Article • Overcoming barriers

Scaling the barriers to precise diagnoses

Whilst digital pathology has the potential to deliver more precise diagnostics, there remain a number of barriers to its widespread implementation.

Report: Mark Nicholls

Cost, as with any new technology, remains an issue particularly against the backdrop of financial constraints experienced within, for example, the UK’s National Health Service (NHS). Doubts remain over whether digital methods are as good as traditional ones and there are also IT challenges in sharing data across national and international boundaries.

One of the UK’s leading digital pathology experts, Dr David Snead, focused on these challenges when he addressed the international Global Engage 2nd Digital Pathology Congress in London (3-7 December 2015). In his presentation, Overcoming Barriers in Adoption of Digital Pathology, the consultant outlined the challenges, opportunities and potential that digital pathology offers for a new era of diagnostics and healthcare.

As Consultant Cellular Pathologist with University Hospitals Coventry & Warwick (UHCW) NHS Trust, Snead believes research, conducted by his team and others, is demonstrating that digital pathology is as good as traditional methods. ‘We’ve answered these doubts with our validation study where we demonstrated that we can do 90% of the job on a digital platform that you can with a microscope.’

portrait of david snead
Dr David Snead is Consultant Cellular Pathologist with University Hospitals Coventry & Warwick NHS Trust and Director of the Digital Pathology Centre of Excellence.

Cost remains an issue, but indications are that, as more manufacturers enter the market over the next 4-5 years, competition will drive down price and see greater implementation of digital pathology systems. An issue, particularly facing the NHS, is that of sharing data with regulations and a lack of clarity, agreements and protocols on data sharing rules, security and confidentiality, he suggested.

What remains clear to Snead, who also heads the UHCW Centre of Excellence for Digital Pathology, is the potential of the technique. ‘It’s clear to me as a pathologist that digital pathology offers an increase in quality which we do not have yet,’ he said. ‘But, within a couple of years, authorities will accept there is a need to acquire and pay for this increase in quality that it offers.’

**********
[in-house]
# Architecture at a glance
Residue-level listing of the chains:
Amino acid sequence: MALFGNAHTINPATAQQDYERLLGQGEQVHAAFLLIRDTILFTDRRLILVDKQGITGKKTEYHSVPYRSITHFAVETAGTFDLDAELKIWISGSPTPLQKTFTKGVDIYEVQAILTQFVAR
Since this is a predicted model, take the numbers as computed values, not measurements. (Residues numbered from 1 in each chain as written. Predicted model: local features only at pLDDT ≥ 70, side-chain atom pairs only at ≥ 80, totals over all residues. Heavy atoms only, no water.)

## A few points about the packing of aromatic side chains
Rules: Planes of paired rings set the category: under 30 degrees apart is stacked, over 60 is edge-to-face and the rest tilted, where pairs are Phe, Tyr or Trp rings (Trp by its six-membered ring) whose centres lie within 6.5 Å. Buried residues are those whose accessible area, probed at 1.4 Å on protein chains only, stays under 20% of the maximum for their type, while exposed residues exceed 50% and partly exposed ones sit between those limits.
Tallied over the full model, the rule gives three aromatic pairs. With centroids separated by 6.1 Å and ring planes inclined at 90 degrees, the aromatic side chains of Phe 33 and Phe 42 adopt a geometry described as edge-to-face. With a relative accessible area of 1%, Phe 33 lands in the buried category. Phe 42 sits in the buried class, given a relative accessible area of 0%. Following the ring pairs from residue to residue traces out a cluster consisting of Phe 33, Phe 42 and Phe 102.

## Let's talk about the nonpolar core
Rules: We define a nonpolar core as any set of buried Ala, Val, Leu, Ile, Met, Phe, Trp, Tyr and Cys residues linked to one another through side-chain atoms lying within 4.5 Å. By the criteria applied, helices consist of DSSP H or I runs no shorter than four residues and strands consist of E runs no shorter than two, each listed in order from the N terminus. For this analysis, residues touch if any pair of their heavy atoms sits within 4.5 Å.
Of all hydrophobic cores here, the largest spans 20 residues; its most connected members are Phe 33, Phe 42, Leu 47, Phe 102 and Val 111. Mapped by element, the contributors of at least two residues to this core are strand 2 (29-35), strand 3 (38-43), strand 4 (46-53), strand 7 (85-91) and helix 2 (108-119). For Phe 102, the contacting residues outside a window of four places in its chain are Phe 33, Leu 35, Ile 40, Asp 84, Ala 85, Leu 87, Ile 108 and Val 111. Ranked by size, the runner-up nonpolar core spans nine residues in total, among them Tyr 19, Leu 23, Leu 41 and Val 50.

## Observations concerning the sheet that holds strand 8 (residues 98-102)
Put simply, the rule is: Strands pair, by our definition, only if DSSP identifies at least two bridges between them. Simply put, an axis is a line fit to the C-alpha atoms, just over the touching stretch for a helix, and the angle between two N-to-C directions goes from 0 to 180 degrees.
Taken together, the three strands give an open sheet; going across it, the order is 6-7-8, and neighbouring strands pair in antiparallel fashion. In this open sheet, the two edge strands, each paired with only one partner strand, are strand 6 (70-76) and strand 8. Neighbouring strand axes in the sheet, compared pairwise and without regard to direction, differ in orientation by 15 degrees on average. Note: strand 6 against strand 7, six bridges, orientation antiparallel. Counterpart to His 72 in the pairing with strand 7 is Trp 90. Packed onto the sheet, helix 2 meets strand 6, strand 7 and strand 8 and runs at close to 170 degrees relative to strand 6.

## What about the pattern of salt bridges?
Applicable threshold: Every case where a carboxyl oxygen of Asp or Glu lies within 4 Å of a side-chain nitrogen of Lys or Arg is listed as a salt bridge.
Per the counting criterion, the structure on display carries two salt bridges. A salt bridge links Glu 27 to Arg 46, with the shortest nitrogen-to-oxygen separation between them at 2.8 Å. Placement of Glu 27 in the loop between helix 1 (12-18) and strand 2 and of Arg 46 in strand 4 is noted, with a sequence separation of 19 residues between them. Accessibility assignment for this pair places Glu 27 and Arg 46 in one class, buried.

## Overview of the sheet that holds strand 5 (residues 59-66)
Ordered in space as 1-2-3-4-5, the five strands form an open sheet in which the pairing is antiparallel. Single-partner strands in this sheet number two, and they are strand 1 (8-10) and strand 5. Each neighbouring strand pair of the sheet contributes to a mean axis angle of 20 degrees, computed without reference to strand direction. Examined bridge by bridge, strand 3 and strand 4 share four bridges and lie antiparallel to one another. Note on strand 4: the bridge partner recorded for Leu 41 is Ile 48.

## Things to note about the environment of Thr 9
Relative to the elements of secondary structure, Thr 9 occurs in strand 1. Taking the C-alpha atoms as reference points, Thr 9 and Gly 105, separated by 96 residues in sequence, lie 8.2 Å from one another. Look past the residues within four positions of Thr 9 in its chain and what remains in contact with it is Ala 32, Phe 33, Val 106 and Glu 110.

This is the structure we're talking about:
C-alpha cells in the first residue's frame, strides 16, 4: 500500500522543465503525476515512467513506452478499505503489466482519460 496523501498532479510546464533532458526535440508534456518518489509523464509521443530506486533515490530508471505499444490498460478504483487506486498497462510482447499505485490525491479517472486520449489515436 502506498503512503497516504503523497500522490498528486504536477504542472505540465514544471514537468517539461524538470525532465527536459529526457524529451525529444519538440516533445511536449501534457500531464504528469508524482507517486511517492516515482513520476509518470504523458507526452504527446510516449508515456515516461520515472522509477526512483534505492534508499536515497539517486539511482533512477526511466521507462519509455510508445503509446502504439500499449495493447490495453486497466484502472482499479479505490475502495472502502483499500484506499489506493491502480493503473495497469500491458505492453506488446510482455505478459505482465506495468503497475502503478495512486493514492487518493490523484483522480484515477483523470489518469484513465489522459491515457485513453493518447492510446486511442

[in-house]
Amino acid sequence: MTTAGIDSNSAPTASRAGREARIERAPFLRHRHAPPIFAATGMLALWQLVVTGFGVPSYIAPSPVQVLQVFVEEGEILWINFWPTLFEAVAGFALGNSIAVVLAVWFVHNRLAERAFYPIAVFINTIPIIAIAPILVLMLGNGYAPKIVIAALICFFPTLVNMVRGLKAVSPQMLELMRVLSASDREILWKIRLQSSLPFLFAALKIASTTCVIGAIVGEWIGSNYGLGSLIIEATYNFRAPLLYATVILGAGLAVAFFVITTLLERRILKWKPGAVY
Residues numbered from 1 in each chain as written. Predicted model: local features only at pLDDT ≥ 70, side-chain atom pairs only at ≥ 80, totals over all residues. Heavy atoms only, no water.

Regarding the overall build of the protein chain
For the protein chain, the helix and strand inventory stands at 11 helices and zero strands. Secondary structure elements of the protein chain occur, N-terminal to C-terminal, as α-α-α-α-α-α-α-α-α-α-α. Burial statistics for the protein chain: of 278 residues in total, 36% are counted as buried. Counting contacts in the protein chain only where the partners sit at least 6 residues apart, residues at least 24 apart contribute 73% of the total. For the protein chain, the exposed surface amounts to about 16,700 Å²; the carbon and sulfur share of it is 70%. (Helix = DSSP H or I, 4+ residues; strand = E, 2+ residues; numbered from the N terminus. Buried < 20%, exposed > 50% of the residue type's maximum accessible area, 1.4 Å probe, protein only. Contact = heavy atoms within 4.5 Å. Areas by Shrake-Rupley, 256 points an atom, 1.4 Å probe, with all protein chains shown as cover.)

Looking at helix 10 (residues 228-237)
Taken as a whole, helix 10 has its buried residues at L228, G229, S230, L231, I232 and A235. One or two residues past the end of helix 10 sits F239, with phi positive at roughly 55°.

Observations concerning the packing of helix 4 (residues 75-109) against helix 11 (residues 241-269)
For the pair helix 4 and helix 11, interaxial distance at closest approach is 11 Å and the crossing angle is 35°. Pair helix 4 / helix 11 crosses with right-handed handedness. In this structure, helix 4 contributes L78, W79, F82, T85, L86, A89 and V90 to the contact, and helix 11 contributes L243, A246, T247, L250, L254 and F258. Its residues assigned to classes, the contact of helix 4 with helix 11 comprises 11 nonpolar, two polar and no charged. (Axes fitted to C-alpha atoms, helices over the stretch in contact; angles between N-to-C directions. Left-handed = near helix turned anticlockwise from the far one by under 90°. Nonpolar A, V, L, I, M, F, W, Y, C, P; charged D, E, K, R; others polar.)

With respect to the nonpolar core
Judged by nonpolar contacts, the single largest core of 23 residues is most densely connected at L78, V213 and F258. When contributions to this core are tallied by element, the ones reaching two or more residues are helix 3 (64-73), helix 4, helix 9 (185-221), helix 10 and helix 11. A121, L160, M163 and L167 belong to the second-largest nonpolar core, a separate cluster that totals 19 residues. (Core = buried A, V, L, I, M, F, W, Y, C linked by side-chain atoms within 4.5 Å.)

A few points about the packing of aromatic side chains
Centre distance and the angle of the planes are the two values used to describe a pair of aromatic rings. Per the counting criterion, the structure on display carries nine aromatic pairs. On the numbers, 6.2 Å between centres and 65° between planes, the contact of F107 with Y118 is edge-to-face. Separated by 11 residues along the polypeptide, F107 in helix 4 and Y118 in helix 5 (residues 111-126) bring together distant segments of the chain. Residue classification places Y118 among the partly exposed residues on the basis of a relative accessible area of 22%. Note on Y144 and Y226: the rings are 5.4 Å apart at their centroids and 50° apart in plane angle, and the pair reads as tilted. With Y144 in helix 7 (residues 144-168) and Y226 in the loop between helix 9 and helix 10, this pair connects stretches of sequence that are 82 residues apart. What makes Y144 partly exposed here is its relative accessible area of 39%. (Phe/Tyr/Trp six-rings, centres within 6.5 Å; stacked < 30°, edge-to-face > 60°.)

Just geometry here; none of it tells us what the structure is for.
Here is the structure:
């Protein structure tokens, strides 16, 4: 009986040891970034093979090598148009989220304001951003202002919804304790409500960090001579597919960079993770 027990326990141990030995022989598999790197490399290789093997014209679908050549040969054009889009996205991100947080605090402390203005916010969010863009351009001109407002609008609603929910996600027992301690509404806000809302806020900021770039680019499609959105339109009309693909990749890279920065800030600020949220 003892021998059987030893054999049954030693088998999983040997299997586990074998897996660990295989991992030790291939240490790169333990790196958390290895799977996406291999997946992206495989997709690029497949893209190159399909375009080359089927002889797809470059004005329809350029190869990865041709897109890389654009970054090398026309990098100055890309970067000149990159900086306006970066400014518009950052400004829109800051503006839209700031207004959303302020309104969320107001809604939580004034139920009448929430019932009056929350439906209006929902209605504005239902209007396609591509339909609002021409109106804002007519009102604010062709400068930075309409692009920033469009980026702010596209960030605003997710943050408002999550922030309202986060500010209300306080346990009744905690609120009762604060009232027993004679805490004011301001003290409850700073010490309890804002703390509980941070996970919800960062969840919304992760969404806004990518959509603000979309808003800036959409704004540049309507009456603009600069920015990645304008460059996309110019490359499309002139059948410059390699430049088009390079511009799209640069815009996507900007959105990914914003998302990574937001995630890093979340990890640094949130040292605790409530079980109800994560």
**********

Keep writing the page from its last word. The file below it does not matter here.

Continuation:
The Coventry centre, as an early adopter of digital pathology, is championing the case within the UK and with support and funding from the trust management is ‘geared to providing pathologists with the tools they need to make digital pathology work for them’. 

Snead: ‘These will be tools which grade cancer more accurately and grade intensity staining in biomarkers in an entirely quantitative, reproducible and robust way, which we cannot do at present. What is done by the pathologist’s eye and judgement at the moment is not good enough for today’s treatment. Breast cancers are still being reported with varying degrees of their grade and patients require much more robust analysis, particularly in cancer treatment of the tumours they have. That’s what excites us about digital pathology, about really improving pathology because we can now measure things we could not measure before.’

Everybody will be using this technology in 10 years because they will have to

David Snead

The Centre of Excellence has seven PhD students, two post docs and a computer scientist, working on digital pathology algorithms with the trust’s partner, the University of Warwick. ‘In the next five years we will see those algorithms in the lab, Snead predicts, ‘delivering better assessments of pathology slides than we get at the moment and, I think, when we get to that point will be when digital pathology is really going to take off.’ He recognises that, in Europe, health systems are not necessarily facing similar issues as the NHS, in part due to the different configuration of healthcare in comparison with that of the UK. Sweden, Spain and Holland are making strong progress as individual hospitals, institutions and heath organisations introduce their own initiatives.

However, Snead is confident that digital pathology will overcome barriers against its implementation. ‘Everybody will be using this technology in 10 years because they will have to,’ he said. ‘There will not be any other way of doing it.’

Dr David Snead is Consultant Cellular Pathologist with University Hospitals Coventry & Warwick NHS Trust and Director of the Digital Pathology Centre of Excellence. His main research interests are digital pathology as applied to routine diagnostic histopathology and lung cancer research.


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